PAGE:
Quarantine appears in an aspect ratio of approximately 1.85:1 on this single-sided, double-layered DVD; the image has been enhanced for 16X9 televisions. The film’s stylistic roots meant the picture didn’t excel, but I thought it looked quite good within those constraints.
Sharpness usually seemed solid. The shooting style meant lots of out of focus elements, but those had nothing to do with the transfer itself. The DVD featured delineation that was perfectly appropriate for the various shots. No issues with jagged edges or shimmering occurred, though I noticed some light edge haloes. Source flaws also remained absent.
Colors tended to be low-key. The movie usually made things look somewhat monochromatic, which made sense within the format since so much of the flick took place in the dark apartment building setting. Though the hues never seemed memorable, they were fine for what I expected. Blacks looked solid, while shadows were a bit erratic. Usually the low-light shots seemed fine, but a few seemed somewhat dense. Overall, this was a satisfying presentation.
As for the Dolby Digital 5.1 soundtrack of Quarantine, it was more active than I expected, which may actually have been a negative. Through the flick, the filmmakers slavishly adhered to the “fly on the wall” video photography; there’s not a single shot that didn’t look like it came from the news crew. However, the multichannel audio violated that sense of realism.
And it did so virtually all the time through the movie. Most of the material reflected the sense of siege that came with the apartment building confinement. The track featured a nearly constant presence of helicopters that whirred around the spectrum. The sounds of other emergency vehicles and whatnot also came from the sides and rears. The film featured no score at all.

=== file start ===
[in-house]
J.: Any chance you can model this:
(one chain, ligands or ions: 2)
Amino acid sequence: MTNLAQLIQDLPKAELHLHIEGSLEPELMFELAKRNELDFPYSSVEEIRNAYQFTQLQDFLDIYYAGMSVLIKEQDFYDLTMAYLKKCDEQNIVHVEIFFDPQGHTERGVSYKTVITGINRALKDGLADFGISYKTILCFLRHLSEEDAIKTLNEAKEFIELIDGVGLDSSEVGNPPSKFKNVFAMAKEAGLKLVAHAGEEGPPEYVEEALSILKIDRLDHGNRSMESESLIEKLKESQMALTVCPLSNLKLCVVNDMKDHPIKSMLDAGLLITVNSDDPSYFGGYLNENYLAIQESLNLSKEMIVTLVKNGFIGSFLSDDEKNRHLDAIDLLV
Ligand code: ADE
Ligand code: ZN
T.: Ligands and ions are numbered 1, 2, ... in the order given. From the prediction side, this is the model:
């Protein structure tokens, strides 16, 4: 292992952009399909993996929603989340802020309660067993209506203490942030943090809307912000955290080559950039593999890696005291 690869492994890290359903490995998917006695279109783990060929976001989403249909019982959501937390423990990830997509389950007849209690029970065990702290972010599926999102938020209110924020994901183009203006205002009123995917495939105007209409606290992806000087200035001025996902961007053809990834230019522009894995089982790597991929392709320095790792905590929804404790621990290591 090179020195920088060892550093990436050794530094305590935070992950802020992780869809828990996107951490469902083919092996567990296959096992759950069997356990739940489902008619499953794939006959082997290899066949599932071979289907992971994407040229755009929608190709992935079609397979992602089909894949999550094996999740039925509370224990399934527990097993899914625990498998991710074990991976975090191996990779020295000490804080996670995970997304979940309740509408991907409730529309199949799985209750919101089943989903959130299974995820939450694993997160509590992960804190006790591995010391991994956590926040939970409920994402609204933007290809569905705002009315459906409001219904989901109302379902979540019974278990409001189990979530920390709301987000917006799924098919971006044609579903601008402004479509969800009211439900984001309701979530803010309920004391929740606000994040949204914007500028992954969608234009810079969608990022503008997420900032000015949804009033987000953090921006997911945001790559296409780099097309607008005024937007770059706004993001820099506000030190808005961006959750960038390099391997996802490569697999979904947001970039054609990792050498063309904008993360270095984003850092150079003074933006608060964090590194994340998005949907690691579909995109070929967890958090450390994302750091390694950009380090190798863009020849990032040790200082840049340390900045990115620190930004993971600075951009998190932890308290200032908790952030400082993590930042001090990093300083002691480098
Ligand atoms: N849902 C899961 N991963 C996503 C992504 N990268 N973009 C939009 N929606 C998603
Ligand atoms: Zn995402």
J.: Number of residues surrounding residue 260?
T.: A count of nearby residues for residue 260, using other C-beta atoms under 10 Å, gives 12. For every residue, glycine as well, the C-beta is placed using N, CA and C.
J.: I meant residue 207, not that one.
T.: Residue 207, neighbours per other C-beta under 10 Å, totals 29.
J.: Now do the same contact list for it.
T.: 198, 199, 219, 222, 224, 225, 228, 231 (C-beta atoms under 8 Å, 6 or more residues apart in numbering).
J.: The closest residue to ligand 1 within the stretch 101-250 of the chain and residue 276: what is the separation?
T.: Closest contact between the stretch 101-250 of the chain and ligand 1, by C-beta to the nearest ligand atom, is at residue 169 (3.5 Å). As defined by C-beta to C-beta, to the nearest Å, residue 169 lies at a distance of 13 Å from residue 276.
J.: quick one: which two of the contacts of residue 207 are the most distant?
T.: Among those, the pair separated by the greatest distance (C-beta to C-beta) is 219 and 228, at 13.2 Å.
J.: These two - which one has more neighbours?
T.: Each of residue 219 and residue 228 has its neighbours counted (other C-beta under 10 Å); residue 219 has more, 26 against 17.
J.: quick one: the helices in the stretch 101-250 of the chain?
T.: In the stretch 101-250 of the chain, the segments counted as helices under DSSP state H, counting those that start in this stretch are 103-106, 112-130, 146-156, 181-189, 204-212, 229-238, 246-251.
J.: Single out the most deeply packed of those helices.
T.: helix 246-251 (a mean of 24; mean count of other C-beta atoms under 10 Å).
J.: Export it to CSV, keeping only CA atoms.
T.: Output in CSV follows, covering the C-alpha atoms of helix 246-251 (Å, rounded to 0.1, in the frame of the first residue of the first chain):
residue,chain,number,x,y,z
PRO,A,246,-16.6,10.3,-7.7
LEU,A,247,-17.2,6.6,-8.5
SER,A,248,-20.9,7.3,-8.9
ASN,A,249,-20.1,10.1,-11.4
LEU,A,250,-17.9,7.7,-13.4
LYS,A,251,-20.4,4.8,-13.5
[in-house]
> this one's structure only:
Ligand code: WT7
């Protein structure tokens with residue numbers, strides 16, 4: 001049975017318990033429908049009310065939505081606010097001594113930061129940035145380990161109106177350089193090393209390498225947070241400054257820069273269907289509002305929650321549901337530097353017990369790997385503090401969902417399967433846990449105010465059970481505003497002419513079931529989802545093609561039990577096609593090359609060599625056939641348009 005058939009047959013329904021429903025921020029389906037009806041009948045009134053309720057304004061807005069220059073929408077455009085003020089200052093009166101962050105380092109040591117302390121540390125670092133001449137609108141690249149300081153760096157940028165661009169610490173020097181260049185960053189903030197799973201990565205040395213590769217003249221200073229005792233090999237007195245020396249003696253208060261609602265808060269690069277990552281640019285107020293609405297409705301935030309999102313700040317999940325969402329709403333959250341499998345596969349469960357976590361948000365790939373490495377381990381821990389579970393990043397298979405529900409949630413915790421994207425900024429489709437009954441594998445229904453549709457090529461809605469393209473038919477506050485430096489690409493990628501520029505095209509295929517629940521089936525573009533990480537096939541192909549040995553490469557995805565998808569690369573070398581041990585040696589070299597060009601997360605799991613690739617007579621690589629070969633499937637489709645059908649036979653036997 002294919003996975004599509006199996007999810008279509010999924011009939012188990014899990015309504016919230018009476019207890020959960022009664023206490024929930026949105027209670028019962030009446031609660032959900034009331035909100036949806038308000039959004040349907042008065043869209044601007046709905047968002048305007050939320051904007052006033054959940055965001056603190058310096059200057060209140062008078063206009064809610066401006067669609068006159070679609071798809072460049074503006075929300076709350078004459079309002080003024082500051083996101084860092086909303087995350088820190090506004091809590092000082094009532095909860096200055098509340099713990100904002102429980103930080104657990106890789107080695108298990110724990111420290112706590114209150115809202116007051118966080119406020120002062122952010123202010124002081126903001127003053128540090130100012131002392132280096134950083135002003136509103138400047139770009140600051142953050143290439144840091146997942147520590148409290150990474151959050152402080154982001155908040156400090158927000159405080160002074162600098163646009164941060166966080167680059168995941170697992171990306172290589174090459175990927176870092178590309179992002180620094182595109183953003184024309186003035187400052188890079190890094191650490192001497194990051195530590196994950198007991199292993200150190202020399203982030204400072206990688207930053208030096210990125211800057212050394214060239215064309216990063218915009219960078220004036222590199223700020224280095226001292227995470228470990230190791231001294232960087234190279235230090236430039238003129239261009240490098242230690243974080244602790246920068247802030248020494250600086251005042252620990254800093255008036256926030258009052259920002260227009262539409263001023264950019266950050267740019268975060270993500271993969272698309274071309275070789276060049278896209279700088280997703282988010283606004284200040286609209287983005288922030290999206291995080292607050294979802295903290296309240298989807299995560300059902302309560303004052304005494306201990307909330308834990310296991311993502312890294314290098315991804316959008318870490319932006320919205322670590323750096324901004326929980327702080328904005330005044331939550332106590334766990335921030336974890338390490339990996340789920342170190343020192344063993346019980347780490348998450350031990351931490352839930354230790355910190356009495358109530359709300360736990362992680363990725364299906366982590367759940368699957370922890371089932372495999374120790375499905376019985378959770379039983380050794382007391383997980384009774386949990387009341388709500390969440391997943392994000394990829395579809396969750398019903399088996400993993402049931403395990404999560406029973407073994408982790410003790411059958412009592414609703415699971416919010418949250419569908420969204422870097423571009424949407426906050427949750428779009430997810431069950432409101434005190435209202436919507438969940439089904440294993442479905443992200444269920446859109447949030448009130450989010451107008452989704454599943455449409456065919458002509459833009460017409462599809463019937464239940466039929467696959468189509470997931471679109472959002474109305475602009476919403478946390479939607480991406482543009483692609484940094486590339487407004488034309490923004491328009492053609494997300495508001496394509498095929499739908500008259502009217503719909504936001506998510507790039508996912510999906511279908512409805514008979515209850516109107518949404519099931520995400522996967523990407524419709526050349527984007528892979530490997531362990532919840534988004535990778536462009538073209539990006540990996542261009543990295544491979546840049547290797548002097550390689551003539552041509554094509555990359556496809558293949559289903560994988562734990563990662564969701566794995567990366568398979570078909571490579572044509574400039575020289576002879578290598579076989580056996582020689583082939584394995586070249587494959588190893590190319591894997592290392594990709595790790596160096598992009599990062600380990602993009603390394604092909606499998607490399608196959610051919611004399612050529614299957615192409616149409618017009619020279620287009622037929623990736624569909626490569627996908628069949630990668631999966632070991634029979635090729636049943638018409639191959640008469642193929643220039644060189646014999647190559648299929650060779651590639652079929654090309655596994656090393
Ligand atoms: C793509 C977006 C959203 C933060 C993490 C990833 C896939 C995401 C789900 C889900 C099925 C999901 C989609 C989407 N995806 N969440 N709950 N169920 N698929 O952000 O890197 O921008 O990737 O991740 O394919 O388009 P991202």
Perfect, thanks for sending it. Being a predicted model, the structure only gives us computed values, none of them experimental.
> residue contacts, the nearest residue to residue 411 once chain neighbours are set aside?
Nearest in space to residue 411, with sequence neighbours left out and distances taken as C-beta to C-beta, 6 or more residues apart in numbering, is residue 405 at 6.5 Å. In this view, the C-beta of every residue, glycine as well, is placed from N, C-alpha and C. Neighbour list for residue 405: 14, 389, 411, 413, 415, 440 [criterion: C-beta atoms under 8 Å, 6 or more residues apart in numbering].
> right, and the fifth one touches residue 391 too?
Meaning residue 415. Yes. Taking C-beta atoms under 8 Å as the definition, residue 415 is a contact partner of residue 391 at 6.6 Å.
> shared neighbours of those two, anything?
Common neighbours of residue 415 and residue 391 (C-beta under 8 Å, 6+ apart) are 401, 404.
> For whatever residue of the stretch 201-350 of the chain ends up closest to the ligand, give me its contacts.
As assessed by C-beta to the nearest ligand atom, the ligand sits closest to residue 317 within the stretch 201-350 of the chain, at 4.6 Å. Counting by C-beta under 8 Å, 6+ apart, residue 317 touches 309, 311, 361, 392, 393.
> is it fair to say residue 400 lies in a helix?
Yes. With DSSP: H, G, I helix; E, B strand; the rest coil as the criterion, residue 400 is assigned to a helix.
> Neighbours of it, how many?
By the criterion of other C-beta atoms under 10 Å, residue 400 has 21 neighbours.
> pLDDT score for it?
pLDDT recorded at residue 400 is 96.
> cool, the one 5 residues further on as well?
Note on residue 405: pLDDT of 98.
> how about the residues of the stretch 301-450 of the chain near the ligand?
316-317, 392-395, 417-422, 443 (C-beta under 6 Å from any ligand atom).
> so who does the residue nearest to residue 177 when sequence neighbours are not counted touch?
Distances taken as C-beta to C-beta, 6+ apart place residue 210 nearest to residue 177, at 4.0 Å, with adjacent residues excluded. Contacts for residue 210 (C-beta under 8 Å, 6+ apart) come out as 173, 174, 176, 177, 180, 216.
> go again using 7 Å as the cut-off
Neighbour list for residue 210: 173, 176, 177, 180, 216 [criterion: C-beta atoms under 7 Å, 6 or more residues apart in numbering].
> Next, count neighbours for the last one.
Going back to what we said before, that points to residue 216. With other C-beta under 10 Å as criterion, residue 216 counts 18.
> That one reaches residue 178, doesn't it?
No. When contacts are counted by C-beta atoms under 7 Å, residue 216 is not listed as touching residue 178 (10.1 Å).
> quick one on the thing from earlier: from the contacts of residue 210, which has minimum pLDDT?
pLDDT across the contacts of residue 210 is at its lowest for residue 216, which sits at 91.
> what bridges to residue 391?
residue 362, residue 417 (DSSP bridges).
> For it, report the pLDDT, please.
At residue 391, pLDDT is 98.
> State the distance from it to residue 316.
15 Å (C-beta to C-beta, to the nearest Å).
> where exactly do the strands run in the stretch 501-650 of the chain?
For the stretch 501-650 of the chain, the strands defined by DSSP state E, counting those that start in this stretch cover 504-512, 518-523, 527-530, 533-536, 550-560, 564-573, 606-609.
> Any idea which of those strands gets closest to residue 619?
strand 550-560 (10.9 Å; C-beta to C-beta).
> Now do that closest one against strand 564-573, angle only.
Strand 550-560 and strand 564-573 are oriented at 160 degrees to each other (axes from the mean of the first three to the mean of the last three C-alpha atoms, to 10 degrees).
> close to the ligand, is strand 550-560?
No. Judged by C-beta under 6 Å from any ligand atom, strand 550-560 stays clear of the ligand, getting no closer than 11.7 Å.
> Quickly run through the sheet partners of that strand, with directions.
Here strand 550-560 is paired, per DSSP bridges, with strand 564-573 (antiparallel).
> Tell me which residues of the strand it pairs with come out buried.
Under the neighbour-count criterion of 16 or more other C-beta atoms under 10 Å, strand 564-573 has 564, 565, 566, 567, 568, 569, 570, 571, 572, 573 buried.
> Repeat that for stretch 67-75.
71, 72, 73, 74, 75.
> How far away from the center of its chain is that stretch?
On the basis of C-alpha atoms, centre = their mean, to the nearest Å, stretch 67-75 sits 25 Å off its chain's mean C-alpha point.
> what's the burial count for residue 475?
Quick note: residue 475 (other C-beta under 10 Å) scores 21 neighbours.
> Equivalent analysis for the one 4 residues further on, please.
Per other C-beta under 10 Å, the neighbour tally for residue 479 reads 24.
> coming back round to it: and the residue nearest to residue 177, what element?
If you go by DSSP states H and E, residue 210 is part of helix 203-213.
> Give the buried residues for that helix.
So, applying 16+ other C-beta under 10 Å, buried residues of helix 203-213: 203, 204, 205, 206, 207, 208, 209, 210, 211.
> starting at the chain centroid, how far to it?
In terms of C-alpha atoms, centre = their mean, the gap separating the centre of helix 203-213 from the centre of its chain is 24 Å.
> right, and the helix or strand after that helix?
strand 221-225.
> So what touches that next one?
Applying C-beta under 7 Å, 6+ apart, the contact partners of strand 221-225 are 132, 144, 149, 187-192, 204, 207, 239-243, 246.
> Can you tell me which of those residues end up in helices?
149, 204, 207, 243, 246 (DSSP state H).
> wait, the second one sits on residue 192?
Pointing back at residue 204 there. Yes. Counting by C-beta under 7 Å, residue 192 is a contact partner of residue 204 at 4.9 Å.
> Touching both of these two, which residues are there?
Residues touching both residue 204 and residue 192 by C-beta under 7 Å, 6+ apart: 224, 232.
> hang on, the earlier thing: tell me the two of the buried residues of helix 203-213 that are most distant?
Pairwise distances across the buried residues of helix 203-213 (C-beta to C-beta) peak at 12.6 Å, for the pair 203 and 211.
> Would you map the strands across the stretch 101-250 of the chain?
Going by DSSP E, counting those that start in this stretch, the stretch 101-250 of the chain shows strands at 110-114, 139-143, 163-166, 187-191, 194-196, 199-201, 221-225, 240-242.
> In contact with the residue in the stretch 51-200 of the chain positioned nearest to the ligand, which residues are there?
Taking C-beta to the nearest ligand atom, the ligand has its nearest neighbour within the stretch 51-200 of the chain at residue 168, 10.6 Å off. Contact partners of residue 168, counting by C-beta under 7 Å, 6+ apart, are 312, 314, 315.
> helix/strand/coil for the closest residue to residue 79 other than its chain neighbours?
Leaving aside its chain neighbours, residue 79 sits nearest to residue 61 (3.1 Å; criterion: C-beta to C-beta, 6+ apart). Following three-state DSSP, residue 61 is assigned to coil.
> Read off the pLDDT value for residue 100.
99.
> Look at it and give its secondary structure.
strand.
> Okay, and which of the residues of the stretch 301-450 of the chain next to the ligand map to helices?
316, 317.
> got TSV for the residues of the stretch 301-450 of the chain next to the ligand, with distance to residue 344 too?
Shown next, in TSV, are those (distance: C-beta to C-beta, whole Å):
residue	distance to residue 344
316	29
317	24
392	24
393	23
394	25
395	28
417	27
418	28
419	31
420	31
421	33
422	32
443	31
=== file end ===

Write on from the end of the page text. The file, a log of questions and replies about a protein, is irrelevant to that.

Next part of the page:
Why did the filmmakers decide to break the realism with so much material from the surrounds? That choice was satisfying in terms of movie enjoyment but still seemed inappropriate since there was no way a news crew would capture stereo surround information. The track integrated the back speakers well, and I thought the mix left a very good impression of all the mayhem, but I was a bit disappointed the film dropped the ball when it came to attempted auditory realism.
I suspect that the filmmakers chose to go with multichannel audio simply as a nod to the demands of modern cinema. That was why the folks who made Cloverfield did it, and I thought that the use of surround audio was even less justifiable in that case. For Quarantine, it felt less like a violation of the film’s universe. Cloverfield tried much harder to present a sense of realism, whereas Quarantine made more concessions to feature films. It used recognizable actors and superior camera equipment. Both it and Cloverfield shared a “found footage” dynamic, but Quarantine looked and felt a whole lot more like a movie.
Because of that, I didn’t really mind the lack of realistic sound. Audio quality was consistently good – and definitely better than the news crew would’ve captured on the scene. Speech was concise and natural, without edginess or other issues. Effects sounded accurate and full. The movie boasted very good bass response when necessary. Again, no music appeared, so that wasn’t an issue. Despite some qualms about the lack of realism inherent in the audio presentation, I still found it to be satisfying.